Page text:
Is “now” the best time to send my loved one to treatment?


In a recent radio interview focused on addiction and recovery, the host asked his guest “Should families be sending their loved one to treatment in the midst of the Covid-19 pandemic?”. It’s an important question, and one family and individuals need to consider carefully. Generally, both families and their substance abusing loved one’s struggle with “the facts” for a variety of reasons, and the decision to seek treatment can be overwhelming for most. Denial, rationalization, fear and the confusing chaos that accompanies addiction can keep addict and family confounded in crisis after crisis, unable to see the “forest for trees” preventing them from seeking meaningful solutions. The question as to whether someone suffering in a drug and alcohol epidemic should seek treatment during a viral pandemic can be best answered with an examination of the facts.


A family’s greatest fear is that their addict loved one will die as a result of their uncontrolled behavior and substance abuse, and with good reason – addiction is a brain disease that is progressive and potentially fatal -last year in the US over 150,000 people died from alcohol and drug-related causes. The physical, mental and emotional co-occurring illnesses that accompany addiction create vulnerability to other diseases and disorders. It’s a fact that the poor nutrition, disregard for personal hygiene, compromised immune systems, risky impulsive behaviors, and irresponsibility that often accompanies addiction leaves one especially vulnerable to the likelihood of contracting any contagious disease. We saw this occur with addicts during the AIDS and Hepatitis C crisis. Healthcare professionals routinely screen and treat alcohol and drug-abusing patients for bacterial infections and organ impairment due to the comorbid prevalence in that population. With a highly a virulent and contagious virus such as Covid-19, the heightened vulnerability poses danger to both the addict and anyone they come in contact with-most especially their family where social distancing is typically not practiced. The argument for treatment during a pandemic is a strong one considering these facts, and an understanding of the “treatment environment” may be helpful for those facing these tough decisions.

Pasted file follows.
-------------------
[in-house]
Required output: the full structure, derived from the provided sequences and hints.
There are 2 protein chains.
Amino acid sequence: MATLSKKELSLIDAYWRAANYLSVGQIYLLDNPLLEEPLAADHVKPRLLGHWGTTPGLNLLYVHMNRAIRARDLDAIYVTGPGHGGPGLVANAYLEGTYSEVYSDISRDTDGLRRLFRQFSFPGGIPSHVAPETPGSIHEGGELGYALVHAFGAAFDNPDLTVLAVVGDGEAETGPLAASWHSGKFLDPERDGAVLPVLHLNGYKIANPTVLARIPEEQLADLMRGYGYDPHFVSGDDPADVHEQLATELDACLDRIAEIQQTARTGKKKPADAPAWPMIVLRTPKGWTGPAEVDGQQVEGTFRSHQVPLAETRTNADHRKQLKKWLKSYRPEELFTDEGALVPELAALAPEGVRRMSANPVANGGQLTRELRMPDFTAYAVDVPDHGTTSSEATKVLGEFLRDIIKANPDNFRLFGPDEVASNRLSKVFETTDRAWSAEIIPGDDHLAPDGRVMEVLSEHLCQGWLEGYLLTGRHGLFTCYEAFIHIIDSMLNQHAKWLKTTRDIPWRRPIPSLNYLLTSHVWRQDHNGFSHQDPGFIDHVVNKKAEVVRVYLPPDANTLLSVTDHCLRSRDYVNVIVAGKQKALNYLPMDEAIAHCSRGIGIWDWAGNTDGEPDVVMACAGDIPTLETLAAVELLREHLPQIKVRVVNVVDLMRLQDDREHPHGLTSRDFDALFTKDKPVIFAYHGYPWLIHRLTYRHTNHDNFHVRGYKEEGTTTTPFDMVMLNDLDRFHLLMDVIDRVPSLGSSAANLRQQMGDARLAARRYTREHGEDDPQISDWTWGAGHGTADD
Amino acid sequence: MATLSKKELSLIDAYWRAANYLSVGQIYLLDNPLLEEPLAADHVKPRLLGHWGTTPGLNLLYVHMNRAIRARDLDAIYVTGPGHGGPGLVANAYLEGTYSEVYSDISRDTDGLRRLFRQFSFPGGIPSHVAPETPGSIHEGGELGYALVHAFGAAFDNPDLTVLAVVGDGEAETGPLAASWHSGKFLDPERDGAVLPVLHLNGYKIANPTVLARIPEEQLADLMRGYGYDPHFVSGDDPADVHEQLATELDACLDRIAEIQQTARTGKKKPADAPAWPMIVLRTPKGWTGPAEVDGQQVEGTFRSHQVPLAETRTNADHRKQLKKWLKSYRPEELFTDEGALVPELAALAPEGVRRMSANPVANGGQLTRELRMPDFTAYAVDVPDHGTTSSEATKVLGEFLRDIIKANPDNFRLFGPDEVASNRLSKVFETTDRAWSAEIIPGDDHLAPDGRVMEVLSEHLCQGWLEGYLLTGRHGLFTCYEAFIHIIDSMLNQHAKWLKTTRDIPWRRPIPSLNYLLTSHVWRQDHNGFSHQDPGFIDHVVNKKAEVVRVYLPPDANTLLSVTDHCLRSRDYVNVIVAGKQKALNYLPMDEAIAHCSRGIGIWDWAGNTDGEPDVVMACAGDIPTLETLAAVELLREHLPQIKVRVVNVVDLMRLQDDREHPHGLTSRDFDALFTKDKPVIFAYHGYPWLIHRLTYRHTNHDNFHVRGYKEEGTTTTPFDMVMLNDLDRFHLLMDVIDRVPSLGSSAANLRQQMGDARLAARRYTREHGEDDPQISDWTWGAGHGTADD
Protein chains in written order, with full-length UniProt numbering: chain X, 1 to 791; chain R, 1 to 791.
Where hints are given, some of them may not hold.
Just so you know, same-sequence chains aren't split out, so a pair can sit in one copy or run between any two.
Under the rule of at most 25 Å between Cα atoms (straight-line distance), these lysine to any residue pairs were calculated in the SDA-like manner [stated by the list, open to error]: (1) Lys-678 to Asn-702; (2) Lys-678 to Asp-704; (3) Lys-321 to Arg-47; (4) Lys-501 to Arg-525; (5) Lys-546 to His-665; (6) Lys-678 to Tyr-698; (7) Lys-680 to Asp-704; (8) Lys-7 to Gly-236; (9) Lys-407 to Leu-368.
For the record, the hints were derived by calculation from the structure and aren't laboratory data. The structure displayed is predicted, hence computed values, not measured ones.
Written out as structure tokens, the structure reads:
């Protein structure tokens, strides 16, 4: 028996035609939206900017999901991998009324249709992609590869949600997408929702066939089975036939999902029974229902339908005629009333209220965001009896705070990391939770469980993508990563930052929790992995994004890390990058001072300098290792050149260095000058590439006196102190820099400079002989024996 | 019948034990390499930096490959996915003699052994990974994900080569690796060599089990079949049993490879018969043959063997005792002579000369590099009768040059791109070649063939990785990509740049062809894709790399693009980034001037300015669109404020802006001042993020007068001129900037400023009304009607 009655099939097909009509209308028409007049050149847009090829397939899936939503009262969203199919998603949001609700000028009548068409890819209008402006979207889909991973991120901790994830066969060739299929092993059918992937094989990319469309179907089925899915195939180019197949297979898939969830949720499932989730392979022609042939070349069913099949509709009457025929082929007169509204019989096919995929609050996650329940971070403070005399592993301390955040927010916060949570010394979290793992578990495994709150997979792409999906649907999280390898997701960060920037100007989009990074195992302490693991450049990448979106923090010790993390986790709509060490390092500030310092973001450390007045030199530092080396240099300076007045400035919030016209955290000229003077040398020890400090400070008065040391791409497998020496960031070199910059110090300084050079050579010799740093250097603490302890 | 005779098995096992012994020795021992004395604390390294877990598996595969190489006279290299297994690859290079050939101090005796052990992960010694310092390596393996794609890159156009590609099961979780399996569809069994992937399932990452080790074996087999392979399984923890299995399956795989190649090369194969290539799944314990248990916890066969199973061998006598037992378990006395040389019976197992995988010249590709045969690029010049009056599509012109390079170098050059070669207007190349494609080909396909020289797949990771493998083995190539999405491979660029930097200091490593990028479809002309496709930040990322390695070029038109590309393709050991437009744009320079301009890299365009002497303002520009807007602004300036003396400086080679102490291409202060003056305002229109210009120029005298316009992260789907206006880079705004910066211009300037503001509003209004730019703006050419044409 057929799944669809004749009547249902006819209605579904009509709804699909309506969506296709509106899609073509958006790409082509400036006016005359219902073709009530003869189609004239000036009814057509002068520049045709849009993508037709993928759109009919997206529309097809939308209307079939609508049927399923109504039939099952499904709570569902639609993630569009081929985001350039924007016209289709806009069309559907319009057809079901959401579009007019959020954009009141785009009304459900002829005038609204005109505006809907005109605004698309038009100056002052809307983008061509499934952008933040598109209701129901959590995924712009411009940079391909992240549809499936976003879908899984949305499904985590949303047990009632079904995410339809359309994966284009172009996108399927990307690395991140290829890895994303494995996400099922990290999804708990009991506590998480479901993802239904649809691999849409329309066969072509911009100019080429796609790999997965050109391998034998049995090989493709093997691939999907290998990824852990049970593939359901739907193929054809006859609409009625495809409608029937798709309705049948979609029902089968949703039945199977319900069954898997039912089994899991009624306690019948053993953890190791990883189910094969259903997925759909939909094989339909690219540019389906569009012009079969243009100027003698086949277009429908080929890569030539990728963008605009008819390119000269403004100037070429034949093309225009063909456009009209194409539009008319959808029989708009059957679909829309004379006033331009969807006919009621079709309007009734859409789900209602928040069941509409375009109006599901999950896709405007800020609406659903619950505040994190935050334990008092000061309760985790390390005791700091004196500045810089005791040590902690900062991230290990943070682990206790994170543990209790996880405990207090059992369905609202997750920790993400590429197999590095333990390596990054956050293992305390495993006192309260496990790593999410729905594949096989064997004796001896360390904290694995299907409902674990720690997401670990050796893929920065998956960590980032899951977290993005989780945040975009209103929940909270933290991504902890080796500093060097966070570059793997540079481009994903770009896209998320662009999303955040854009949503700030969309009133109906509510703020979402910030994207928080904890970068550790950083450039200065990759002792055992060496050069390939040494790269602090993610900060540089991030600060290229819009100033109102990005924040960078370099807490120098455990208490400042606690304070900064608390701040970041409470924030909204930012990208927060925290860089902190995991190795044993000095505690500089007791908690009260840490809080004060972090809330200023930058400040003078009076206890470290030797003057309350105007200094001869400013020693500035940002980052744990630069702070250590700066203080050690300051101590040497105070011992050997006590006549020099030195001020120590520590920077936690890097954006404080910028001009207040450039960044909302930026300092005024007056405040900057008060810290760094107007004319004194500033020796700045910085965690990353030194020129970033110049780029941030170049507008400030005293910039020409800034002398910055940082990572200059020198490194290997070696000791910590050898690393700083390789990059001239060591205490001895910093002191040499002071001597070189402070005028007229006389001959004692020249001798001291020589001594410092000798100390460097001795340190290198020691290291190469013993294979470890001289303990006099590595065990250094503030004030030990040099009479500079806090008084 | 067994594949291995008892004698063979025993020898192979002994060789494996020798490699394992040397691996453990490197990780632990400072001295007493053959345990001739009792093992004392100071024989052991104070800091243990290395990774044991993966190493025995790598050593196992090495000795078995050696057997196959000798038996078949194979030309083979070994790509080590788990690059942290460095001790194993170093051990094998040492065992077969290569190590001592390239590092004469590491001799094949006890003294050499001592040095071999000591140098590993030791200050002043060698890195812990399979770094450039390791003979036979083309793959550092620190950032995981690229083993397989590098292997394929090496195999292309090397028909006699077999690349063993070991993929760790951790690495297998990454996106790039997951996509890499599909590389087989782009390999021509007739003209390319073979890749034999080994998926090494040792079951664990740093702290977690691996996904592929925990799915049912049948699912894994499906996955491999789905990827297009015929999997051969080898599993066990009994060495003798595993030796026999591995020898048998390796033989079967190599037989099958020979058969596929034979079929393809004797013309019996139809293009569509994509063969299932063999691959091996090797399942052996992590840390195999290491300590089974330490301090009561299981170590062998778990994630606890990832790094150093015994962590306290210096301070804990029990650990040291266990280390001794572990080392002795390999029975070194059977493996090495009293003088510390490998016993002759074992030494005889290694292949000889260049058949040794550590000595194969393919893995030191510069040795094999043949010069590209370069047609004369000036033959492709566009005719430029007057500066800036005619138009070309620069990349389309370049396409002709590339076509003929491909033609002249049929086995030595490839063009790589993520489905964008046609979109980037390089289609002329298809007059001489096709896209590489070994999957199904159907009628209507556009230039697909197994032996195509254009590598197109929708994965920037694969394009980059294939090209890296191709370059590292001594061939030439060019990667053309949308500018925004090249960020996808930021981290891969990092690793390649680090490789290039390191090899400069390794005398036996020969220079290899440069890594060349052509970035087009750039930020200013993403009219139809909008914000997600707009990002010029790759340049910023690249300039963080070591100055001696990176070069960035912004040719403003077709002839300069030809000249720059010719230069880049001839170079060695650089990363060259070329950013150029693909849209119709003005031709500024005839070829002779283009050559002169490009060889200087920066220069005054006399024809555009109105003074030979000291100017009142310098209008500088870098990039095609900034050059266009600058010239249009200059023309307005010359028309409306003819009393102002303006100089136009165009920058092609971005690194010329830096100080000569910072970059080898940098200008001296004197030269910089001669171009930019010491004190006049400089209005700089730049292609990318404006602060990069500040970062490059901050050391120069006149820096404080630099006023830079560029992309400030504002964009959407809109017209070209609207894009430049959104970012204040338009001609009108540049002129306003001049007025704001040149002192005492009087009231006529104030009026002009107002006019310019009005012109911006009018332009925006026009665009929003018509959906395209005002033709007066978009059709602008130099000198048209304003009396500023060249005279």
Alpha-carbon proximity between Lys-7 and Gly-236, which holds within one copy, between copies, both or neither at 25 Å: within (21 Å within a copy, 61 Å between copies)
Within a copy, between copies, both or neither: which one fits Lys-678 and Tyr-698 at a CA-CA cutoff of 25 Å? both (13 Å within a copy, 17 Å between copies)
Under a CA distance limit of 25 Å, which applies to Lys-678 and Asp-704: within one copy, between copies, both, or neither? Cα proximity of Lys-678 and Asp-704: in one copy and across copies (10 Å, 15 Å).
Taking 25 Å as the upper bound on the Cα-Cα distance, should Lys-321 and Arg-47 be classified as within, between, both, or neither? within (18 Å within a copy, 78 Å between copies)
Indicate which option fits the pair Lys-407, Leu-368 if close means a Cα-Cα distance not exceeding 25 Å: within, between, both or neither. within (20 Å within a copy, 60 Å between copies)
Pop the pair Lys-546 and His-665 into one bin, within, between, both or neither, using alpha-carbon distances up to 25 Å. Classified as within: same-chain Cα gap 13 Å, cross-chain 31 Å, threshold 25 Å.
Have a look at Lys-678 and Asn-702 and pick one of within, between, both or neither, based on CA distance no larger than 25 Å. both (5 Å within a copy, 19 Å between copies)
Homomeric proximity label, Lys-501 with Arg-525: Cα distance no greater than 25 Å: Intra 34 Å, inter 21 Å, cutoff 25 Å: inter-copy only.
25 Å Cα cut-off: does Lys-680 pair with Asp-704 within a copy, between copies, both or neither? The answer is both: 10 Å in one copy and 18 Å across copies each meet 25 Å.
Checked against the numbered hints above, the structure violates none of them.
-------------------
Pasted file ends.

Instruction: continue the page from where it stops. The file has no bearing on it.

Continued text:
Most treatment centers are State licensed and have State or Nationally approved accreditations that mandate standards of care the facilities are accountable to. Qualified treatment centers take these standards of practice and duty of care to their clients seriously. Infection Control education and practice are routine in community settings such as residential treatment facilities. Policies, procedures, strict code requirements and enforcements are in place to maximize the health and safety of both clients and staff. It is inevitable that a residential treatment center will encounter chronic and acute health issues in the population they treat-staff training and practices are aimed at early recognition followed by procedures and utilization of resources appropriate to the circumstances. Ensuring clients receive an appropriate level of care, eliminating and minimizing an infectious disease potential to the community is routine in the best-managed treatment centers.


While families are not responsible for their loved one becoming addicted, they are responsible for how they respond to the crisis. Faced with the important decision of seeking treatment during a Pandemic a family must consider whether their loved one is better off remaining active in their disease with a circumstantial vulnerability to increased risk of contracting Covid-19 vs. being in a controlled environment in a facility whose staff is educated, trained and skilled at recognizing and dealing with crises?


Most families are ill equipped to deal with the disease of addiction, let alone pandemic disease.   Sending a loved one to a residential treatment facility run by professionally licensed Medical and Clinical staff, certified counselors and support staff trained and experienced in dealing with clients in crisis while maintaining a healthy community environment, may be the most meaningful decision a family can make.


We remain open and committed to providing critical addiction treatment. For information on Coronavirus (COVID-19), including symptoms, risks, ways to protect yourself and our commitment to patient & staff safety,click here. Call us to speak with an qualified admissions specialist (949) 942-8495